Is the notion of gender still important in the art world?
I don’t necessarily think about genre when I look at a work. I’ve never had any particular difficulties because I was a woman. I don’t look at the gender of the artists I collect, or the ones I work with, and I’ve always considered that mine wasn’t being looked at. I’ve met kind people and I try to be just as kind. I may not be the most committed feminist, but I do what I can, on my level. I am a member of three Parisian women’s clubs, BOSS, LeadHers and Salon 21, which help women leaders build their career paths. I am a feminist, but I like working with men too. I am comfortable in this male world. It doesn’t matter if you’re a man or a woman, what matters is the human side.
Do you want to make art accessible – but not just to children?
Exactly! Our trucks also travel to hospitals and nursing homes. It’s an intergenerational project: we want to break down territorial and geographical barriers, but also social ones, age, gender, class. As for the children, we go to meet them in schools, homes, and day care centers. These are the most formative primary years, when one learns to read, write, count and think. We form their taste, their critical spirit. We have also set up a digital tool, Create your MuMo, which allows children to familiarize themselves with the different professions in the art world, which they do not necessarily know. They have access to the national collections and can create their own exhibition in a fun way.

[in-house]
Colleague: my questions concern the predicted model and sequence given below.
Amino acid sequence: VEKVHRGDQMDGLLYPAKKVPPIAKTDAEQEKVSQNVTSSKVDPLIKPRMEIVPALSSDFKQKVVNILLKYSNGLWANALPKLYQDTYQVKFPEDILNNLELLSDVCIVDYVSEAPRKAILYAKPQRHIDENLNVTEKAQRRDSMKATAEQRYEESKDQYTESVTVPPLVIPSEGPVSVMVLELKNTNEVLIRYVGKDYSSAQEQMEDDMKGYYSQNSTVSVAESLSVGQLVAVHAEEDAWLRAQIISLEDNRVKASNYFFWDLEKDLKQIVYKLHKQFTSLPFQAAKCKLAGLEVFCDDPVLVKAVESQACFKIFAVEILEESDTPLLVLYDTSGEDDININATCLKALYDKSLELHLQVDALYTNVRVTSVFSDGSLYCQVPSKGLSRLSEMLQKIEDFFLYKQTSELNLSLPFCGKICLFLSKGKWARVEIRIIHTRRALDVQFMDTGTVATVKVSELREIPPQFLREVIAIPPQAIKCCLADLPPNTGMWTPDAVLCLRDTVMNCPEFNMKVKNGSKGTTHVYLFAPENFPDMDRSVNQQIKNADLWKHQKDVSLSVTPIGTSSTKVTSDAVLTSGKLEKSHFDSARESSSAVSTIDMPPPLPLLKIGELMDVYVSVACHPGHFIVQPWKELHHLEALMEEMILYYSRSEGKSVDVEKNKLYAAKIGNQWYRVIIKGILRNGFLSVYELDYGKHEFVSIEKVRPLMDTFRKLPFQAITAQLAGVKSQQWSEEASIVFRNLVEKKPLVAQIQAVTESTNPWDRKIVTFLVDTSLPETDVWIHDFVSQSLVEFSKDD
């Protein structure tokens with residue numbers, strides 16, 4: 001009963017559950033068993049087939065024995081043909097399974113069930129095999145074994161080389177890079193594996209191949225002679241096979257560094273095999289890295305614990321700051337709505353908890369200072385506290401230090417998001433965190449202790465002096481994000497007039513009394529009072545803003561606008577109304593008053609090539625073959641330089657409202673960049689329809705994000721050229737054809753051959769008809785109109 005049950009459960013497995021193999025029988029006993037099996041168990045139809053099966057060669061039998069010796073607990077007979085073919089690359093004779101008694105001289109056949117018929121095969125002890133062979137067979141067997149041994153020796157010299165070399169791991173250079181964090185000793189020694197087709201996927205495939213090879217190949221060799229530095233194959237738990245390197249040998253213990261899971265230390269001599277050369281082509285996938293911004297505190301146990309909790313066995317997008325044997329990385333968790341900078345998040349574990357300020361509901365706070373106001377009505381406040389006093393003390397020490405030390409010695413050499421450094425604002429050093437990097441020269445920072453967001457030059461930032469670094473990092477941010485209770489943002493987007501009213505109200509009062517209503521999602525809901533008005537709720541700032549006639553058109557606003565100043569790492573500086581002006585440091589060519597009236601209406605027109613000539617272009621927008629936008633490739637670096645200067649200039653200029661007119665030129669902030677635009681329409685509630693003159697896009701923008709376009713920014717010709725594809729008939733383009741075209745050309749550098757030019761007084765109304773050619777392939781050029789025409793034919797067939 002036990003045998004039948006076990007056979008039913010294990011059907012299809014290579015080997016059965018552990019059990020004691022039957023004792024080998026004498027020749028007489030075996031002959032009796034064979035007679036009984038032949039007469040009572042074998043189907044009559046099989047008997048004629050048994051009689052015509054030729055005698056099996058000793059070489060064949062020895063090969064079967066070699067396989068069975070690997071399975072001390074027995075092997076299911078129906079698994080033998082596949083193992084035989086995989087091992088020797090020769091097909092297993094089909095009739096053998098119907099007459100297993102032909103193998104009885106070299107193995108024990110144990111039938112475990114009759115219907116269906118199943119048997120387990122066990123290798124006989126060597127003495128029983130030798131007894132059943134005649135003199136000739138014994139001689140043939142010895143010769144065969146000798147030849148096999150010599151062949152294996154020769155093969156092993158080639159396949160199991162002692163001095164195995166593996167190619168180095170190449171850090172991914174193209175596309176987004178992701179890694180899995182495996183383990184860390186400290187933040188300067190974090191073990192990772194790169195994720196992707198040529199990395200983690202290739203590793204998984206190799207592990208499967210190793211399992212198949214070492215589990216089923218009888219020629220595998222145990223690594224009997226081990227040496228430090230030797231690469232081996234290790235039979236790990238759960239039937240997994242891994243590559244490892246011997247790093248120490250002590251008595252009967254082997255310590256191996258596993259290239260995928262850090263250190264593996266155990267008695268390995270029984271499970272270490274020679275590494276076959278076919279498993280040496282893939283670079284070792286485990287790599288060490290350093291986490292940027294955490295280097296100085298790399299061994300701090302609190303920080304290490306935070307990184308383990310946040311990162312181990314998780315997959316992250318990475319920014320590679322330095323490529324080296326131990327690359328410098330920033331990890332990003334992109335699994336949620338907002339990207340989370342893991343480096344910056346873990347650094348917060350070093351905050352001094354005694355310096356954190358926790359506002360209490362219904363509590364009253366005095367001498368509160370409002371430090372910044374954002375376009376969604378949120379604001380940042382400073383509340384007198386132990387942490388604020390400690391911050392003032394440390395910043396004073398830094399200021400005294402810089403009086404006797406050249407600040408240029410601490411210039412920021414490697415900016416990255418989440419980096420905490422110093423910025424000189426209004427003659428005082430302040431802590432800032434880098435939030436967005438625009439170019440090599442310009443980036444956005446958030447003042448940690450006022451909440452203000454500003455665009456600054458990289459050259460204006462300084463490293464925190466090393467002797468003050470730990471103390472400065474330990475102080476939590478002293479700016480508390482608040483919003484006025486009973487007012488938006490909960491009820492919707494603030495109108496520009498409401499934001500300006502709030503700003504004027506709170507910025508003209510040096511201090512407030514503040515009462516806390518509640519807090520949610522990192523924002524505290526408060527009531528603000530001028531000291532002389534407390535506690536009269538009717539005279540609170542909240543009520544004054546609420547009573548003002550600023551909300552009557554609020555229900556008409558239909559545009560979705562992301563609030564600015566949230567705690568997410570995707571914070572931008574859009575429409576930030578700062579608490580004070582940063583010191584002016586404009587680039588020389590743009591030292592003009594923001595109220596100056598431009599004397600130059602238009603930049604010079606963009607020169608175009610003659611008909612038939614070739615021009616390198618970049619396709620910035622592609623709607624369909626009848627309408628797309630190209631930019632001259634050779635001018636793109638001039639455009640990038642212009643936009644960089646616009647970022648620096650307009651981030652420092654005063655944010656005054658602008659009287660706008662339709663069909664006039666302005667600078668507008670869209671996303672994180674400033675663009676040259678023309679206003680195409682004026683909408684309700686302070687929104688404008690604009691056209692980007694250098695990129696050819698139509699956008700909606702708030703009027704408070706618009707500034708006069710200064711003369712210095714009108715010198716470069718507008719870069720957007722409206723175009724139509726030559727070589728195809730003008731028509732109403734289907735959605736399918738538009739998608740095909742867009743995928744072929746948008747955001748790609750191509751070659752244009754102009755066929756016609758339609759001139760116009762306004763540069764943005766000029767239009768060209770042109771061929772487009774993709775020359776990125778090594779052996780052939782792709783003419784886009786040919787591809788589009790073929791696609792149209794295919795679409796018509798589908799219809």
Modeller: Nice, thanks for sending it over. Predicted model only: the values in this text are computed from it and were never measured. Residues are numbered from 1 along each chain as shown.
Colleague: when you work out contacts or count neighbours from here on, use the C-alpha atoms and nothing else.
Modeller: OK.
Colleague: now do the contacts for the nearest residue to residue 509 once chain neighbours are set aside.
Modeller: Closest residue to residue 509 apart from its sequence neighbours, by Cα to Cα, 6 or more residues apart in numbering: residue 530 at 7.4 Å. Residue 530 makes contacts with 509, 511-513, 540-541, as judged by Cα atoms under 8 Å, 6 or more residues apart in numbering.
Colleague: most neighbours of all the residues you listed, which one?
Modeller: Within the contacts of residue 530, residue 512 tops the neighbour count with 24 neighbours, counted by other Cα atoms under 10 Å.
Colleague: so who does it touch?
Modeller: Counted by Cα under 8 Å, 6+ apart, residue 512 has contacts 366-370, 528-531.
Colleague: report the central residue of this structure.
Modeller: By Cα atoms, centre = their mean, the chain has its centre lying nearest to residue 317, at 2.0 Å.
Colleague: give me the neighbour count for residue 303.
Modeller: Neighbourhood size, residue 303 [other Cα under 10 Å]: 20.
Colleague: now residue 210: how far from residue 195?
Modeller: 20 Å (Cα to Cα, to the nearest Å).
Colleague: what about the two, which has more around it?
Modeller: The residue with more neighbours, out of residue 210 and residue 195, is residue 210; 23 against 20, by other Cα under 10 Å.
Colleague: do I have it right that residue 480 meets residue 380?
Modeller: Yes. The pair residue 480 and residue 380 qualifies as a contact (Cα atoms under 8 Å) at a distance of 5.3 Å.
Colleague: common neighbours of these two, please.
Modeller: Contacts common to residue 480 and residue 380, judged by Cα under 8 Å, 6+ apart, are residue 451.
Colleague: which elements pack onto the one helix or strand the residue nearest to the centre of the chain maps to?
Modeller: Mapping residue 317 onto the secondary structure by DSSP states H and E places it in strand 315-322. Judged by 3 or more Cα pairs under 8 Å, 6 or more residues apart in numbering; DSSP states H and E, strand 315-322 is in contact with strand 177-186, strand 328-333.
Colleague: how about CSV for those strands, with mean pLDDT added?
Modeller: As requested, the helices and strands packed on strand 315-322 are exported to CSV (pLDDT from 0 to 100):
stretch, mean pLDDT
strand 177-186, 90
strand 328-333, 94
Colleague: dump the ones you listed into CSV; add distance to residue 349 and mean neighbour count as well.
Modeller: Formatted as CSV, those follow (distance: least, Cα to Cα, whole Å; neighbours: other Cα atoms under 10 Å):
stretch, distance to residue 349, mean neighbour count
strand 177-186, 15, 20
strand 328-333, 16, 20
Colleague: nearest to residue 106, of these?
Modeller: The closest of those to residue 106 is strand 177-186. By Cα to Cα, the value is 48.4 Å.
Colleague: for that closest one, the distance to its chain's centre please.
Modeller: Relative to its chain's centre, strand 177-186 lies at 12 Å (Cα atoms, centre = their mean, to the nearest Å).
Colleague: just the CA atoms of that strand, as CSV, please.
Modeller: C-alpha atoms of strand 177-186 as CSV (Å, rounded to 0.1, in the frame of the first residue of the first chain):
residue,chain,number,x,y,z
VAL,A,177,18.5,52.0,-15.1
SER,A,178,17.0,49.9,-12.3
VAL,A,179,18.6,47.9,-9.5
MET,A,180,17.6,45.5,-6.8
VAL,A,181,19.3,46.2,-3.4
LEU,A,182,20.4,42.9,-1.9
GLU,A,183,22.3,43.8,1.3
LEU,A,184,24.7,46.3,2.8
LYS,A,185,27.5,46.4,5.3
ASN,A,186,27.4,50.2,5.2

In France, there is a strong imbalance in access to art between the cities and the countryside. A disparity that encourages inequality. Do you have a solution?
This is a real problem. In Paris museums are not free, which is not the case in cities like London. A nice public policy initiative was recently launched in France, the cultural pass. But geographical and social inequalities are increasing. Massy is not far from Paris, and yet it is another world! I hope that public policies will have more impact in this area. I am thinking in particular of Jack Lang, who has constantly supported art and made it accessible to the provinces, he launched the FRACS. Moreover, the MuMo benefits from the support of the government and public aid. There is still a lot to do, but I hope that the MuMo can be part of the solution.
What’s the real impact of your project?